All in all, hardly a weak link out there. But the problem, if any, lies with quantity, not quality. For all intents and purposes you only get the one stage's worth of music, at least of any note (there is a folk stage, a small bandstand, and a dance-oriented space on the other side of the site, but not a recognisable name between them). But then, on paper at least, this small, carefully curated music line-up is just part of a genuinely interdisciplinary arts festival. What about the food, the talks and debates, the outdoor activities?
Unfortunately in practice you won't see too much of it, unless you happen to have very deep pockets. A few tents (‘The Secret Forum’, ‘Now Live Events’) host free talks and debates, but you still have to pay for a huge proportion of the medium- to big-ticket events. A shame, as the few that we take in are certainly worthwhile. The Oxford Shakespeare Company put on a fantastic, intimate performance of Twelfth Night in a valley in the woods. The BitterSuite multi-sensory concert is unlike anything else I've ever experienced – its participants are blindfolded before having their senses poked, prodded, and fed in time with the music. Elsewhere, you can, if you have the inclination, pay to attend a banquet prepared by Raymond Blanc. Or for admittance to an exclusive spa, complete with hot tubs, sauna, and treatments I don't fully understand. Or an artisan bread making session at the Wilderness Cookery School.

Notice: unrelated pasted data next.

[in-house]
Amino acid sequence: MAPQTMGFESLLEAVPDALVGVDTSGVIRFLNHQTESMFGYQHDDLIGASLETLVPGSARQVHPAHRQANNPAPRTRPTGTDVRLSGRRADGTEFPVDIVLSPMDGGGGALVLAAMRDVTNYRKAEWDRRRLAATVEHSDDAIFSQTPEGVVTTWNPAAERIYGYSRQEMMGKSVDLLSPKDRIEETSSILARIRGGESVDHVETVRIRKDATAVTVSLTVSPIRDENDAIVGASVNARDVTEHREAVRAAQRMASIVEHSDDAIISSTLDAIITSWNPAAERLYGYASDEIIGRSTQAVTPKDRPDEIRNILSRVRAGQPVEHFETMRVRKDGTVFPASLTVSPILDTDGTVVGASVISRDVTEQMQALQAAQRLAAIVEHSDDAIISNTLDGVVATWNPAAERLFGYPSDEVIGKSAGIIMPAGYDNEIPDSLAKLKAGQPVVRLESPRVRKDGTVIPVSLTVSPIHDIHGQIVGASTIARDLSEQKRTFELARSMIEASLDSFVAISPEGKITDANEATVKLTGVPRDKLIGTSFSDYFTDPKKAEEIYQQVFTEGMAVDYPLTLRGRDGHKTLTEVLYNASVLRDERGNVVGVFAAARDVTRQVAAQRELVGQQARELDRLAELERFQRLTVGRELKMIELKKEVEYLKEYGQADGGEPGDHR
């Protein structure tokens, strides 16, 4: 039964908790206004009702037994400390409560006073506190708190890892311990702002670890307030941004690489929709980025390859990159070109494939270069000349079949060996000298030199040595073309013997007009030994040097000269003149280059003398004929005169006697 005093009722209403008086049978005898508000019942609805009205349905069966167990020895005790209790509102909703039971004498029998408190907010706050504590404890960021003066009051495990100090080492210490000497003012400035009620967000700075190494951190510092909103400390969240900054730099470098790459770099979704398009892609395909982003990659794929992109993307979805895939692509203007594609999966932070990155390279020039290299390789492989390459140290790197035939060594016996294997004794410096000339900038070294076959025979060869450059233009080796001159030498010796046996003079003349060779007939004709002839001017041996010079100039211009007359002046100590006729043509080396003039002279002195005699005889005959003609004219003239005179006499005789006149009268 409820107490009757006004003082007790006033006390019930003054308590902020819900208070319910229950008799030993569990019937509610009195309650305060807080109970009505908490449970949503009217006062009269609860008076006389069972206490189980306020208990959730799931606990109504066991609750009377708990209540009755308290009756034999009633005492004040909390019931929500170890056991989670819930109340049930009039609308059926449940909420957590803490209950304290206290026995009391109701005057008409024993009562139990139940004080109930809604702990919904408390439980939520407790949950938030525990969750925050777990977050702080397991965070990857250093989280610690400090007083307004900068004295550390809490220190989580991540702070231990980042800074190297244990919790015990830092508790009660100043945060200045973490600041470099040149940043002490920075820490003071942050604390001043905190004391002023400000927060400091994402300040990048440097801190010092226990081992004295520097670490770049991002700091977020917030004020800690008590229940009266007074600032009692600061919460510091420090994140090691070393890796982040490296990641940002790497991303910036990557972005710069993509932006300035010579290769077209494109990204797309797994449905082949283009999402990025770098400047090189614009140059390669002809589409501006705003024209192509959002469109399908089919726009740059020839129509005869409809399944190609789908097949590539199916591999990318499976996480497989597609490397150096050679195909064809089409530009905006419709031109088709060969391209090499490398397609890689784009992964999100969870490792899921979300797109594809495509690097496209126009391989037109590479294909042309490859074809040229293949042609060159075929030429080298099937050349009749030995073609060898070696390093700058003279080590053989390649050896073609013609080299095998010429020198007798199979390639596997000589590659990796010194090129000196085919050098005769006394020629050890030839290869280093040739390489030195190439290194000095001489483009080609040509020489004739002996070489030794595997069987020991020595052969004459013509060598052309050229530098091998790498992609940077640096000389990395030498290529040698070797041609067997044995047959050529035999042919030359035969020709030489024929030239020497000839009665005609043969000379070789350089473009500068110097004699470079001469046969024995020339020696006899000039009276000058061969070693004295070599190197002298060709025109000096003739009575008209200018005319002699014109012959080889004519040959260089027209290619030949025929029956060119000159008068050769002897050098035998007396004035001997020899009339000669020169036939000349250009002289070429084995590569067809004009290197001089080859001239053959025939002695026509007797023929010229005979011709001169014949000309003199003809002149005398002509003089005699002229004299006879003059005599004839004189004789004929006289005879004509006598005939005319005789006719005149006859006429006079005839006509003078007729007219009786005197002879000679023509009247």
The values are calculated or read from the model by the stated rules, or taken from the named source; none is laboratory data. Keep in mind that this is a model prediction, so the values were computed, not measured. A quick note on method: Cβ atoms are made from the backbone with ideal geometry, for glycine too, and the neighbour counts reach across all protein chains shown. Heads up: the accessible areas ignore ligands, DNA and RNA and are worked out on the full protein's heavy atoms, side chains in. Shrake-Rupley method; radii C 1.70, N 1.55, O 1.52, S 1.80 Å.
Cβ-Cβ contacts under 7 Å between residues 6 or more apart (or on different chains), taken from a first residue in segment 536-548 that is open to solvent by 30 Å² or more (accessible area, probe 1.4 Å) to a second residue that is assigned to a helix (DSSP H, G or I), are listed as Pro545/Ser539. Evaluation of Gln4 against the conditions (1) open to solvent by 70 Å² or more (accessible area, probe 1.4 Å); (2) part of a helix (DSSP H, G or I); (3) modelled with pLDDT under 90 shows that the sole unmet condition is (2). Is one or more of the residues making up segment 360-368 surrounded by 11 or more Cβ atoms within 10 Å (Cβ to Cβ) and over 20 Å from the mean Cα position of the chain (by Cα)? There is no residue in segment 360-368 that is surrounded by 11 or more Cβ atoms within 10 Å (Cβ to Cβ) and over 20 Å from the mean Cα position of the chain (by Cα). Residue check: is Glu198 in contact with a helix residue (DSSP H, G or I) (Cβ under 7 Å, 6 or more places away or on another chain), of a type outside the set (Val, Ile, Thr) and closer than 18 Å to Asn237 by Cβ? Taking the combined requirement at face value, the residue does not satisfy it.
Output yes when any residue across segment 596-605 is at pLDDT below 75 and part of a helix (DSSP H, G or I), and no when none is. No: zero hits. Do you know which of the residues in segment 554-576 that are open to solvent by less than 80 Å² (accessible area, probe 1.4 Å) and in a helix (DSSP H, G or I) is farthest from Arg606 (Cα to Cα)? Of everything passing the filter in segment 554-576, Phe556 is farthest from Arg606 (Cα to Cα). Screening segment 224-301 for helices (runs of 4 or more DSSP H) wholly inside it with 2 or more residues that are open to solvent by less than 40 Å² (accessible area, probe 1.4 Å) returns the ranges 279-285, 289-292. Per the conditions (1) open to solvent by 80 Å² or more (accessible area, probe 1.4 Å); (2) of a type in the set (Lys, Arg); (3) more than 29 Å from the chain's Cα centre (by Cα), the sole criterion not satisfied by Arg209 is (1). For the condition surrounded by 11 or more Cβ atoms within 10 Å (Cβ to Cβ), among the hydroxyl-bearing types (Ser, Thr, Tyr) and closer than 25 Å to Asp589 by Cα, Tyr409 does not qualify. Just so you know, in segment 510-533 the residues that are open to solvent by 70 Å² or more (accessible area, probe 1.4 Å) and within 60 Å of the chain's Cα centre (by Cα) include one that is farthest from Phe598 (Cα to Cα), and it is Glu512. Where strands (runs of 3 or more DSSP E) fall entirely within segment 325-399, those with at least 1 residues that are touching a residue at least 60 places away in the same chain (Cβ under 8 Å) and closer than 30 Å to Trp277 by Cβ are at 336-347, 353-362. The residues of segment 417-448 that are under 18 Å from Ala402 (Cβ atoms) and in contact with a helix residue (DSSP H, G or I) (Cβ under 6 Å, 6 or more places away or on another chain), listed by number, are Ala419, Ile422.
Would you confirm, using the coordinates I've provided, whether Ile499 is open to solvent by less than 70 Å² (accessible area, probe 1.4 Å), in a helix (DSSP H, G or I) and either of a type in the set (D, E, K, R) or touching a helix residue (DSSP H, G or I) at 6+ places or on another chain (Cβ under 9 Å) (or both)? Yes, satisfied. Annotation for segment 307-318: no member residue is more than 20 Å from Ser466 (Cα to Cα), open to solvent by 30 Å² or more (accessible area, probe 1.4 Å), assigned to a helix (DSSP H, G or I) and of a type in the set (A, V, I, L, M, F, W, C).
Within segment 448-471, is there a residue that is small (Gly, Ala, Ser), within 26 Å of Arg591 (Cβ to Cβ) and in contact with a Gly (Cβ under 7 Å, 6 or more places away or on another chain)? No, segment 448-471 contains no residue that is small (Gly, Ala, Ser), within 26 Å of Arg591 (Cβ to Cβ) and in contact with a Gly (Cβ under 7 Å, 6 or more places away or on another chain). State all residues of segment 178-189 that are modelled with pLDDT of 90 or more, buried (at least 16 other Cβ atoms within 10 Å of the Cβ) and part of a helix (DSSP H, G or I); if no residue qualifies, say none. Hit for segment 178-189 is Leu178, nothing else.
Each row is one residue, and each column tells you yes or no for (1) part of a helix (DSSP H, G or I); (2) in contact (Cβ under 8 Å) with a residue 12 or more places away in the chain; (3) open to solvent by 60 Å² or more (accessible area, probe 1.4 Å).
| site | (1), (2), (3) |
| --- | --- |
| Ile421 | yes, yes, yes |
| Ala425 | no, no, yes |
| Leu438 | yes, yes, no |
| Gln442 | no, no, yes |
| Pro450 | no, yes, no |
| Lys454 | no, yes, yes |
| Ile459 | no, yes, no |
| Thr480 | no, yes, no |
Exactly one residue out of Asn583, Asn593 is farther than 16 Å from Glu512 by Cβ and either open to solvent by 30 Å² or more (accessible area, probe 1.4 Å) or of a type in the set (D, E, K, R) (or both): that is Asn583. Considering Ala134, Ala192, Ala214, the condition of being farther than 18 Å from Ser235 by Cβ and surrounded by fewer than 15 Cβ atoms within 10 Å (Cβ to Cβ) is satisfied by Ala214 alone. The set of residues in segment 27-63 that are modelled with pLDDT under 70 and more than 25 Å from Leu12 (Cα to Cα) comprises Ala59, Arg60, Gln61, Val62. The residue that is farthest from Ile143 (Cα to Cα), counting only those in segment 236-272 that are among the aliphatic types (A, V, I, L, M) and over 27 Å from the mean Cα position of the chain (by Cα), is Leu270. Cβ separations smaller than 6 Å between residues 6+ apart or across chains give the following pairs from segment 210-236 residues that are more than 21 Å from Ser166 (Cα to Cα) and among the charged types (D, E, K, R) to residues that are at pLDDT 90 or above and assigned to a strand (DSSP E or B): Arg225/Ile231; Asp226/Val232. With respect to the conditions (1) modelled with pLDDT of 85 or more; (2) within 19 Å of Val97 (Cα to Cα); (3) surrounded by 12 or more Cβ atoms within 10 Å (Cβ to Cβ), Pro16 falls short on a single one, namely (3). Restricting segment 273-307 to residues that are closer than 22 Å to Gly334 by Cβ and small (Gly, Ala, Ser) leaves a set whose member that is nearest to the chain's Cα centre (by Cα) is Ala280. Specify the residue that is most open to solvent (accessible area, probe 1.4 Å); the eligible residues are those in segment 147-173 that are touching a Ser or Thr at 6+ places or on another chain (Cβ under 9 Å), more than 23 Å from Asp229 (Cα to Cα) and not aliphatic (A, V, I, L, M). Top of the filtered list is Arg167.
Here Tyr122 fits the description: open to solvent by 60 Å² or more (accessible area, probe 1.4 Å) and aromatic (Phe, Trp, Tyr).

Wilderness caters both to the masses and the few. Its ideology seems a gesture towards the collective, but so many of the non-musical flagship events are only accessible to those with a golden ticket (and the cash to buy that ticket). Its programming is often willingly left field, although you expect its audience would be better suited to something more accessible. But, financial and demographic qualms aside, there is an undeniable quality about Wilderness, both in terms of its events and site and its facilities. And, you know, you can fill the spare time by bobbing around in a lake, so really what is there to complain about?